What is unfortunate about the entire situation is the fact that it is the most helpless individuals, children, who are most affected by these work or starve welfare reforms. In the past, over two-thirds of the individuals receiving AFDC were children. (Welfare law Center, 1996) Now that this program has been cut, who is going to feed and clothe, and financially support these children? Surely it will not be the single mother with little skill and no education, working at a minimum wage job.

A single mother's willingness to work will not guarantee that she will be able to support her family completely on her earnings. Many individuals in the labor force cannot make it on their own, and though they are working full time, still need federal aid in order to provide for their families. In fact, in 1993, 2 million full-time, year round workers were living in poverty. Furthermore, 1.3 million year round workers in families with children under 18 would have fallen into poverty had they not received some form of aid from means tested government programs. (Welfare Law Center)

After taking a closer look at the reasons that many single mothers find themselves on welfare, and the programs which have been implemented to alter the current trends, I believe that we still have a lot of work ahead of us. The current welfare program, in completely cutting AFDC, will only put more families on the street in the long run. Individuals who are unable to find a job, or are unable to maintain a steady streak of employment, will be forced into poverty, with nowhere to turn. Ultimately, as stated earlier in this paper, we need to take a closer look at the structure of our society, and find ways to better provide for those individuals barely holding on at the bottom of the social ladder. In order to do this, wages need to be improved, and instead of forcing individuals into the work force, we should be concentrating on getting them the skills and education needed to improve their financial situation.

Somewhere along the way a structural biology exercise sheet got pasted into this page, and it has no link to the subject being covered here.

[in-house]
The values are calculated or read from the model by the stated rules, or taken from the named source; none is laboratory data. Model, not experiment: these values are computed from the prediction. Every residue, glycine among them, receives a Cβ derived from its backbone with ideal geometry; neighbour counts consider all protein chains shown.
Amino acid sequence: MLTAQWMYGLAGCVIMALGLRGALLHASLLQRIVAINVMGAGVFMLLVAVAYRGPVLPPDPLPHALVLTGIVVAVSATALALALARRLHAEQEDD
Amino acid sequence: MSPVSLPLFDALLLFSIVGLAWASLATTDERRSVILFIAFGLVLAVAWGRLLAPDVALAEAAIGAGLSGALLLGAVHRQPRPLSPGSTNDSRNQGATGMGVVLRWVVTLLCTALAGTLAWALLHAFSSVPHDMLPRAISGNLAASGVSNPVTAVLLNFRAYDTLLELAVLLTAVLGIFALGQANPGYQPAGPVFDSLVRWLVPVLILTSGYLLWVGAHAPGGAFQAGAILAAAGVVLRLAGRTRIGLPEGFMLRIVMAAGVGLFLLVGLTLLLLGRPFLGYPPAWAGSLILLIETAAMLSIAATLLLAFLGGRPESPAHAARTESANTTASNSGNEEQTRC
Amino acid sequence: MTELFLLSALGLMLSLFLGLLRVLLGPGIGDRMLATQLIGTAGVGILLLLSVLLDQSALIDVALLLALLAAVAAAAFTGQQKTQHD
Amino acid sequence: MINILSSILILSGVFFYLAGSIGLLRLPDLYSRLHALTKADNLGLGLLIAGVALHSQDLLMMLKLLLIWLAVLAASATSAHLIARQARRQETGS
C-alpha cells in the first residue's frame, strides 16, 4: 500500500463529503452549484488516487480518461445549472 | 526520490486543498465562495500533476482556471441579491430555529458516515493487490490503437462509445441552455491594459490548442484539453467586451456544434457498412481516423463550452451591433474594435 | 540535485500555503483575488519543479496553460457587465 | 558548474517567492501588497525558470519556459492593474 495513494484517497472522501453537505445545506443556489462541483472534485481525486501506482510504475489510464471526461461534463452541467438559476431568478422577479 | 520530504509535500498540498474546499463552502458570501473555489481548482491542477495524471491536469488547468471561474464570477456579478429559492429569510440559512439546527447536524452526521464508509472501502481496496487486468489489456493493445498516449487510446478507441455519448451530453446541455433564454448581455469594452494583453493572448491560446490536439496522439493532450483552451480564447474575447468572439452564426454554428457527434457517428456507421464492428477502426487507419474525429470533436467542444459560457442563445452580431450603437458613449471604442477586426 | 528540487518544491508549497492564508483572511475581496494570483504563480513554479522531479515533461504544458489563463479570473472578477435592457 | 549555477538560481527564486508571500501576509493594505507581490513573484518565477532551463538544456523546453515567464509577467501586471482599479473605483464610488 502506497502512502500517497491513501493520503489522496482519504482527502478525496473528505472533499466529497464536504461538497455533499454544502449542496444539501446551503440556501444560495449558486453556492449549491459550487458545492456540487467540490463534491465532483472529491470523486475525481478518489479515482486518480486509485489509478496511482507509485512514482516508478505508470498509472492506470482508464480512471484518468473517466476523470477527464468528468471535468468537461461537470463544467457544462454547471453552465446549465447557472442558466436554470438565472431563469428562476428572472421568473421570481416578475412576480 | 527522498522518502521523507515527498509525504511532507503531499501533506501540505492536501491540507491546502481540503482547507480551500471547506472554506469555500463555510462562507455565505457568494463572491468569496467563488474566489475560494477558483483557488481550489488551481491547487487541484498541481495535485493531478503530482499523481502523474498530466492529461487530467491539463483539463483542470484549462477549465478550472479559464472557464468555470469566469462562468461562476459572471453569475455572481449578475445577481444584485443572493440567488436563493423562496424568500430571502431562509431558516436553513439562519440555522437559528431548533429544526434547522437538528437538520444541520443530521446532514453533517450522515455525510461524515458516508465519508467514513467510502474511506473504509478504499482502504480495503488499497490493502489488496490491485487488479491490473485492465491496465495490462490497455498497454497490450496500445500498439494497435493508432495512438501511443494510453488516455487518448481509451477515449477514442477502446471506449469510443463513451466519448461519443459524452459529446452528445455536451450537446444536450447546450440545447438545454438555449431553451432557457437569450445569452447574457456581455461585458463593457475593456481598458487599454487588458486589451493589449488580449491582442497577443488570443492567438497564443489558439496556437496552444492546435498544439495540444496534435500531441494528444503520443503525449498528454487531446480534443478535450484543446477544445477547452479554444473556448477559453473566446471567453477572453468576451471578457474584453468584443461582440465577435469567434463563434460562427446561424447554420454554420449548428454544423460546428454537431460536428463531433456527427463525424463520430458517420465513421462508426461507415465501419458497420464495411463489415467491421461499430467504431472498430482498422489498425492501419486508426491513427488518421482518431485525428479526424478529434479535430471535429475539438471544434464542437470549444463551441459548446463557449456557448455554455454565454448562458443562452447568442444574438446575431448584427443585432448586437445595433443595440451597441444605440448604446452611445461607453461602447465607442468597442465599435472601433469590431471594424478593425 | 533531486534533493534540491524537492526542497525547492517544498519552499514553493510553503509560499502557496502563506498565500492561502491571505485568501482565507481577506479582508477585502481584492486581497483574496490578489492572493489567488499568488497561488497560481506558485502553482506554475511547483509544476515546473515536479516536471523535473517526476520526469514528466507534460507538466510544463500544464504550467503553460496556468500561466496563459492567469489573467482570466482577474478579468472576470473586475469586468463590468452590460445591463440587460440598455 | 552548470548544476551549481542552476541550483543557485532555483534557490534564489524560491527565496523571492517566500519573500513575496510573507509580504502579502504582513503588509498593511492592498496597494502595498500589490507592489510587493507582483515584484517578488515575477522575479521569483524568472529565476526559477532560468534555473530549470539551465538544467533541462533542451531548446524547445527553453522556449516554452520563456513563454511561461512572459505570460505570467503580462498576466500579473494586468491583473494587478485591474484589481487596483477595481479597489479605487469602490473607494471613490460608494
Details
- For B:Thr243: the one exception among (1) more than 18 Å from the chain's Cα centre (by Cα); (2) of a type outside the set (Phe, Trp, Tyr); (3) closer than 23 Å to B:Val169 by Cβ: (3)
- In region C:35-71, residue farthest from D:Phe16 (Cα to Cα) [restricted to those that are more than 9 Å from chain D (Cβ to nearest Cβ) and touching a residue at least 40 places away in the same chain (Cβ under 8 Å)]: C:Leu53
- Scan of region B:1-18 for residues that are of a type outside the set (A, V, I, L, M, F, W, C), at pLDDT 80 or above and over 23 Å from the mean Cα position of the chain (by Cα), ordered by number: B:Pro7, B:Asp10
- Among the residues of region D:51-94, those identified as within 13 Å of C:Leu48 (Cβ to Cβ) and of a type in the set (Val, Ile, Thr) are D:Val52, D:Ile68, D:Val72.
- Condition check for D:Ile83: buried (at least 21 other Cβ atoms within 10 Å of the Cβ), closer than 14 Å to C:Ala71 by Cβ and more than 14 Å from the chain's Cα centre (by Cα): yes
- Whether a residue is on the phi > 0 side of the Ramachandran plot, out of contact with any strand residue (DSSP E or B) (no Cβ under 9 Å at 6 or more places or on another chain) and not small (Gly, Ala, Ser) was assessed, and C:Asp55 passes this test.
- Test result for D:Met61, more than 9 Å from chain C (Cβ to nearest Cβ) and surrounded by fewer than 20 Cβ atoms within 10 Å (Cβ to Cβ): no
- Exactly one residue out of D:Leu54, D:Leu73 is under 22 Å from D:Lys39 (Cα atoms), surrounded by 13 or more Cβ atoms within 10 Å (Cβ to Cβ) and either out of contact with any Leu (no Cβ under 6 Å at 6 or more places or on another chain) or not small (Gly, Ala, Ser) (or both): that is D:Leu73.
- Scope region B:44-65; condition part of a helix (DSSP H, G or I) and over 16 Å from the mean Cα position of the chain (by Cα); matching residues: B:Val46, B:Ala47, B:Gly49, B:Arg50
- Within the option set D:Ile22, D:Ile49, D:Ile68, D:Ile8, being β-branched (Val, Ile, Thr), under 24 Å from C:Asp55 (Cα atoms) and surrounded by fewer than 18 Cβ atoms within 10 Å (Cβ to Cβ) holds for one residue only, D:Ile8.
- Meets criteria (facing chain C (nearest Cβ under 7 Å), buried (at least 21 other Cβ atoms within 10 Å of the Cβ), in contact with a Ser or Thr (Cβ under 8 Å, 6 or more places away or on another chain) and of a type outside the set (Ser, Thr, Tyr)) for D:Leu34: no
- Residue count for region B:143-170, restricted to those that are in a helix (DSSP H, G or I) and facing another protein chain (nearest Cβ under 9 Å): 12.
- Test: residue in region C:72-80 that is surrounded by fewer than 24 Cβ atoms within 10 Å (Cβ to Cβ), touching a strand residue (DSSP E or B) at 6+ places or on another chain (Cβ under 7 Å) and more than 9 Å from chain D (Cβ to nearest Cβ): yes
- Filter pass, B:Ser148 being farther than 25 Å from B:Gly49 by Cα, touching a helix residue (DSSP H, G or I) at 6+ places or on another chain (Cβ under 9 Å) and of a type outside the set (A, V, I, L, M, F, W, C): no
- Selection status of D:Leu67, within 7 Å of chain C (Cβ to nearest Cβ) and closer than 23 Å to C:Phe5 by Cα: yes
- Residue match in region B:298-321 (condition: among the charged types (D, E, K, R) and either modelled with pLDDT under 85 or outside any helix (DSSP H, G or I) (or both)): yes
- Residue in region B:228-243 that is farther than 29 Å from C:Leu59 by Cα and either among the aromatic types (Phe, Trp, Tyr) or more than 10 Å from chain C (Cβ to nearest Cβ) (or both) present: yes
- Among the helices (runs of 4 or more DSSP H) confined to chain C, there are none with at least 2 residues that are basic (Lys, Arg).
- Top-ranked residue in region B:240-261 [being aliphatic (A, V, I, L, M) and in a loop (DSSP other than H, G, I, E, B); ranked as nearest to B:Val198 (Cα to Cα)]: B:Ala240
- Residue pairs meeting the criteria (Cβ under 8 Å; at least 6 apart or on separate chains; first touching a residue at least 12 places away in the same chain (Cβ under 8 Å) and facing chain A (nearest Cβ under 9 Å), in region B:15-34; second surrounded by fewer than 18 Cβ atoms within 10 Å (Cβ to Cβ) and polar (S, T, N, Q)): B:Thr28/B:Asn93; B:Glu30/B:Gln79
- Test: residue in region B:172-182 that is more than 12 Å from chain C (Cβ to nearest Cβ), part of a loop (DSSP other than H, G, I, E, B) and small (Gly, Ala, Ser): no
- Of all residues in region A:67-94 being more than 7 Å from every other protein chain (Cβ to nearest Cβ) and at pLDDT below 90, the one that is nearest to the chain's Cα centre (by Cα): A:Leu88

These solutions are crucial for single mothers. Under the old program, most of the adults receiving AFDC were single mothers, and many of them faced, and still do, barriers to getting jobs and keeping them, as a result of limited skills, child care needs, or discrimination in the workplace. Furthermore, over half of the women who were receiving AFI)C at some point in their lives, never finished high school. (Welfare Law Center) This is extremely disturbing, considering the fact that the new welfare programs are promoting work not education.

Women currently have very few options when it comes to working and caring for their children. President Clinton's new welfare reform, as well as the program in Wisconsin, are not the answer to the problem. Though they are helpful in motivating individuals to support themselves, it is not fair to believe that these policies will be beneficial for single mothers and their children in the long run. Instead, we should focus on bridging the gap between the lower and middle classes, and through a raise in wages, help those individuals who are living in poverty support themselves on their own earnings. Only then can we possibly see a demographic change among those living in the lower class, where single mothers do not necessarily constitute the largest group living in poverty.